In this study, we select the epicenter location (33.20°N, 103.85°E) reported by USGS. Focal mechanisms of the 2017 Jiuzhaigou earthquake are shown in Table 1. The broadband waveform data are downloaded from the data center of Incorporated Research Institutions for Seismology (IRIS). After removing the instrument responses, we use a well-distributed teleseismic dataset comprised of 18 P-wave, 12 SH-wave and 32 surface-wave waveforms with good azimuthal coverage and high signal-to-noise ratios at the epicentral distances of 30° to 90°. Band-pass filters with frequency bands between 0.003 and 1.0 Hz are applied to the body waves, while surface waves are filtered in 0.004–0.006 Hz (Hao et al. 2013). The velocity structure in the source region is extracted from the Crust 2.0 model (Bassin et al. 2000) and PREM model (Dziewonski and Anderson 1981). To calculate the teleseismic body-wave and surface-wave synthetic seismogram, we used the generalized ray theory and normal mode theory, respectively. We adopt a 45 km (along strike) × 20 km (downdip) rectangular fault plane to invert the spatial and temporal slip distribution, which is subdivided into 150 3.0 km × 2.0 km subfaults. During the inversions, we vary the slip amplitude from 0 to 2.0 m and let the starting and ending times of the slip rate functions range between 0.2 and 1.2 s, while the value of the rise time varies from 0.4 to 2.4 s (Hao et al. 2013). In addition, we limit the rake angle between the reference value (λ in Table 1) of ± 30° and the rupture velocity in the range of 0.75–3.5 km/s. A grid searching for the rupture initiation depth is applied to ensure the accuracy of the inversion. After testing the different focal mechanisms, we select the nodal plane 2 (φ = 150°, δ = 78°, λ = − 13°) given by GCMT as the causative fault plane, and the rupture with initiation depth of 9.0 km can produce the best-fits (Additional file 1: Figures S1 and S3).

Table 1 Focal mechanism of the 2017 Jiuzhaigou earthquake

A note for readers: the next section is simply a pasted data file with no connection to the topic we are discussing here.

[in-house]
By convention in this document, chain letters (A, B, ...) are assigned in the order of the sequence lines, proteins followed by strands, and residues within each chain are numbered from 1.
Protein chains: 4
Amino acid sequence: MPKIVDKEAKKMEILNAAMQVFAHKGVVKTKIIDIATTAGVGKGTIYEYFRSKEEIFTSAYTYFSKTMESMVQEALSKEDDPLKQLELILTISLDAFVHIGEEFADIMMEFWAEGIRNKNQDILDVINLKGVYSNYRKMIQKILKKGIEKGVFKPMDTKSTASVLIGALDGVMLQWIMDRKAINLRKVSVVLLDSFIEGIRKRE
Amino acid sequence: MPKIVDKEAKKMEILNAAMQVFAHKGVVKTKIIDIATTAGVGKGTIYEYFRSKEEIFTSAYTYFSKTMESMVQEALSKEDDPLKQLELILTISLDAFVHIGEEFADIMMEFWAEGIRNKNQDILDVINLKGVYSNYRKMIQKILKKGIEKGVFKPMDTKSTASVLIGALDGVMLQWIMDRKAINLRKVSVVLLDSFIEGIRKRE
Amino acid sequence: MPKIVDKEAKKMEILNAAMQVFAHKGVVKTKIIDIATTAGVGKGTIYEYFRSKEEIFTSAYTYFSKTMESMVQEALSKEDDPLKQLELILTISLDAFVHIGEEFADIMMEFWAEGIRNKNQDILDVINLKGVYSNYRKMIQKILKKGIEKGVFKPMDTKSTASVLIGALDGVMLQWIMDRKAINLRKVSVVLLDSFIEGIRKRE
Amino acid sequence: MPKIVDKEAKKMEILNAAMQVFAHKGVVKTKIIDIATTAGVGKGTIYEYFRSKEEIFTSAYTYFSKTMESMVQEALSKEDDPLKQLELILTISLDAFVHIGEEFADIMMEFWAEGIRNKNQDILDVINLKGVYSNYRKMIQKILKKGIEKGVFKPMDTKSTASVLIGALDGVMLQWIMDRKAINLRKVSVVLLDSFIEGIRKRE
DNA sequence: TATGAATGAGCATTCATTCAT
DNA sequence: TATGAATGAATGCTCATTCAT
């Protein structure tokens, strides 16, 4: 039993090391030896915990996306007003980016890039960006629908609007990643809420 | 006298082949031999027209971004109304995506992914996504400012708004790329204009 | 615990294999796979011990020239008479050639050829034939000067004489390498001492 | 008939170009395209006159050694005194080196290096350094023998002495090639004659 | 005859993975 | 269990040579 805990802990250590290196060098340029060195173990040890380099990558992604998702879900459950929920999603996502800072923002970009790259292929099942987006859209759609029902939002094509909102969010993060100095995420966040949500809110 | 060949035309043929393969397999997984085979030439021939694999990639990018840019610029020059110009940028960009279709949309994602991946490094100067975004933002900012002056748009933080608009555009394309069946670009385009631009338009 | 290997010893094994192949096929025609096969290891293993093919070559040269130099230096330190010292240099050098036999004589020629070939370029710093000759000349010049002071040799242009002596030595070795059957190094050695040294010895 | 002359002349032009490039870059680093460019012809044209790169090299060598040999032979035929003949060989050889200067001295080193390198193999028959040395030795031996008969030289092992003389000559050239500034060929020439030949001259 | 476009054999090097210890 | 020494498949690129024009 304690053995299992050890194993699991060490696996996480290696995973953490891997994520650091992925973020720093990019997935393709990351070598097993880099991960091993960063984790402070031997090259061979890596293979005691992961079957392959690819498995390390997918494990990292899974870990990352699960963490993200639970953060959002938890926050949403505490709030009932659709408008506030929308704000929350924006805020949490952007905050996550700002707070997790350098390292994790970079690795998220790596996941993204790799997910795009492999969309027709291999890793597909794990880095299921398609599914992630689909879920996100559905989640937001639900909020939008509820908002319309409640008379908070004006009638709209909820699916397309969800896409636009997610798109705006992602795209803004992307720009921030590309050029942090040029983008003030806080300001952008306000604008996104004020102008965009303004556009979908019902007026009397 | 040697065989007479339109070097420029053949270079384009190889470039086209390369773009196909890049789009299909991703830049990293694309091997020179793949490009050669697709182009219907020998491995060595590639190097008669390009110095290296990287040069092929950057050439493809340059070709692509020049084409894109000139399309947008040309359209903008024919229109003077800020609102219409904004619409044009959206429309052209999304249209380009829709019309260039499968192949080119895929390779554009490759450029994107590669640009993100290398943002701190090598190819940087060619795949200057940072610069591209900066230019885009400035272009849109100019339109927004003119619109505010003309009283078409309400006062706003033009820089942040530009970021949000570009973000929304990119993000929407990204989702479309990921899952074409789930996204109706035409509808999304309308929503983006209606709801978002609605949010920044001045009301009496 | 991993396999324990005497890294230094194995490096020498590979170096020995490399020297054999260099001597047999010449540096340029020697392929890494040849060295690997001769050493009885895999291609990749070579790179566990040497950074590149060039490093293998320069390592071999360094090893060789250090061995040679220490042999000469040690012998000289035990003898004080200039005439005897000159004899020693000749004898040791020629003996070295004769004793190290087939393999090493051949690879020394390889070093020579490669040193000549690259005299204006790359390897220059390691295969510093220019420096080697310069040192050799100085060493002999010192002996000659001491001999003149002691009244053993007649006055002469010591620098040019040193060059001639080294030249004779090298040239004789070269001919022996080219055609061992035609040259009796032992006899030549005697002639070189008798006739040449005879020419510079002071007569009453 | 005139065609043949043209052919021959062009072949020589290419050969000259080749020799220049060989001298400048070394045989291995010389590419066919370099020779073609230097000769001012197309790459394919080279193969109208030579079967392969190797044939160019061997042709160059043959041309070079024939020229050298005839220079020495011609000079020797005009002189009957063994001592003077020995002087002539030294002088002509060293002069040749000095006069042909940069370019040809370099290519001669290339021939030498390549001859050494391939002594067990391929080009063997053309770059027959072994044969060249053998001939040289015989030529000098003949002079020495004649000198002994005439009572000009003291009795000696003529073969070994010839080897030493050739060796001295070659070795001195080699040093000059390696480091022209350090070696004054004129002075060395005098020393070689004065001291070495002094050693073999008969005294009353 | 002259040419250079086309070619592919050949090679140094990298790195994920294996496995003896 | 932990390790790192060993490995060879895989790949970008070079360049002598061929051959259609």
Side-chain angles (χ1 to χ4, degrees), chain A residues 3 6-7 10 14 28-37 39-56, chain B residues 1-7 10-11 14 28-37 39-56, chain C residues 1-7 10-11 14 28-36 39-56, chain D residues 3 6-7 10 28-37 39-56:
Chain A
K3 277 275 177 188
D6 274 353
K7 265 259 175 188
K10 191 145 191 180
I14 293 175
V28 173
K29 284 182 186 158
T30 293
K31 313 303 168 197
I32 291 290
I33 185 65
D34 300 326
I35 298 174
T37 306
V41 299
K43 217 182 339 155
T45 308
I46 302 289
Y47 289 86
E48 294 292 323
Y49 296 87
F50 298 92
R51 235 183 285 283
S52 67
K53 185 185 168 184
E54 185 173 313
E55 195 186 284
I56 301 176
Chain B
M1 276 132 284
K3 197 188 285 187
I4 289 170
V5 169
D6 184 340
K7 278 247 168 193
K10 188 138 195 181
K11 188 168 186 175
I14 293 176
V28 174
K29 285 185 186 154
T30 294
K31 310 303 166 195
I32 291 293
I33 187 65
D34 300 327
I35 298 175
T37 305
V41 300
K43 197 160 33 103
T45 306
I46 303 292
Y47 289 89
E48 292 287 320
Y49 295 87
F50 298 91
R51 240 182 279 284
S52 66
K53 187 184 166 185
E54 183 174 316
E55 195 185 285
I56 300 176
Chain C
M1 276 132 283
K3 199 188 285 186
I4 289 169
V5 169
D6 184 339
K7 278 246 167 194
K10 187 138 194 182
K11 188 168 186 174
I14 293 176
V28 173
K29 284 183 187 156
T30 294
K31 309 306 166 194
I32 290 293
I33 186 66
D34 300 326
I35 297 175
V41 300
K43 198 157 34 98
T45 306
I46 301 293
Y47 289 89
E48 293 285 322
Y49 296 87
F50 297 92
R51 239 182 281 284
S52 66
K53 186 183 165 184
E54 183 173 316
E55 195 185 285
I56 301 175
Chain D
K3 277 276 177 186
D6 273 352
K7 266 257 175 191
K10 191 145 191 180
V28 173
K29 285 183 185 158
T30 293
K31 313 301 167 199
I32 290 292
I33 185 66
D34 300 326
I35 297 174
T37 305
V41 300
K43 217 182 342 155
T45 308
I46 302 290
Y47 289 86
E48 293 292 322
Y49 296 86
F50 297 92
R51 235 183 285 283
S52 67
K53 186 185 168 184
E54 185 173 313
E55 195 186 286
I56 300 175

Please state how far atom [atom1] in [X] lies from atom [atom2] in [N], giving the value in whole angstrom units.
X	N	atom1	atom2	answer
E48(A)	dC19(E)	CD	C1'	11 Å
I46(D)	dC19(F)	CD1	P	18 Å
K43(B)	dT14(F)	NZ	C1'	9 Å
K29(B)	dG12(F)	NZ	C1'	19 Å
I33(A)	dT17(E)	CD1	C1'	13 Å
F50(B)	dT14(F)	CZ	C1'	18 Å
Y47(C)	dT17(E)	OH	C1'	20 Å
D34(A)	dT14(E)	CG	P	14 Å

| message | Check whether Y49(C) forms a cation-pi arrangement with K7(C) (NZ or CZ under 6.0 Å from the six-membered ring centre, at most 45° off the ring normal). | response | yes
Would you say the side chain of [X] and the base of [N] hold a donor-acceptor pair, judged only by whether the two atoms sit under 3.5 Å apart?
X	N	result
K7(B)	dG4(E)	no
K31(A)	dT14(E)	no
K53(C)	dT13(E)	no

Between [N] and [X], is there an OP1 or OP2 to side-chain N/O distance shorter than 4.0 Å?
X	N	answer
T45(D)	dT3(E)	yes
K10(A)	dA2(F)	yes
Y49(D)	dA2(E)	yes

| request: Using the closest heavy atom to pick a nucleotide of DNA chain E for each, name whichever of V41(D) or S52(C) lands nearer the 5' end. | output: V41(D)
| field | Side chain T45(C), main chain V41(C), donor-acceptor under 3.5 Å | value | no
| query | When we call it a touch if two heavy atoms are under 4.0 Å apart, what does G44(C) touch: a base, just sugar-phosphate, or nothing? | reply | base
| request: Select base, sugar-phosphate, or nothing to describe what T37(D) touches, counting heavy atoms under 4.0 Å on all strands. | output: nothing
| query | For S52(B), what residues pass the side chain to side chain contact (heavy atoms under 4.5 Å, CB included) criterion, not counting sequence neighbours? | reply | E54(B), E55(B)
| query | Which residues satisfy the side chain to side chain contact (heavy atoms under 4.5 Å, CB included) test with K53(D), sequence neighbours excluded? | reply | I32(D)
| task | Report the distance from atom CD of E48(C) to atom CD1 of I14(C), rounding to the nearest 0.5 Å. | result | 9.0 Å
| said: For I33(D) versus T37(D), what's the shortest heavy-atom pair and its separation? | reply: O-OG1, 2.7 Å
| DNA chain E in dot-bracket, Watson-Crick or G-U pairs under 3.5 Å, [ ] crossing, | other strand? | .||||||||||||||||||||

The results are summarized in Fig. 2. Due to the left-lateral strike-slip fault event with a high dip angle, rupture on the main fault plane has a concentrated slip distribution with no obvious horizontal directivity. The large-slip patch extends ~ 20 km along strike and a depth range of 4–16 km with ~ 115 cm peak slip near the hypocenter. Most of the rupture slips are released within the first 15 s. In addition, the rupture initiates at the hypocenter, then spreads rapidly away (rupture velocity about 2.1 km/s) and decreases as the distance from the hypocenter increases. We obtain a total seismic moment of 6.86 × 1018 Nm, equivalent to an Mw 6.5 earthquake (Kanamori, 1977).

Fig. 2
figure2

Inversion results of the 2013 Lushan earthquake. a Slip distribution on the fault plane, the star represents the epicenter, the size and direction of the arrows represent the slip size and slip direction, the number is the rupture propagation time. b Scalar seismic moment rate evolution versus time. c Match of observed teleseismic body waves and synthetic waveforms; d match of observed teleseismic surface waves and synthetic waveforms, the black line and red line indicate the observed record and synthetic seismogram, the station, azimuth, epicentral distance and the maximum in observation (in cm) are also plotted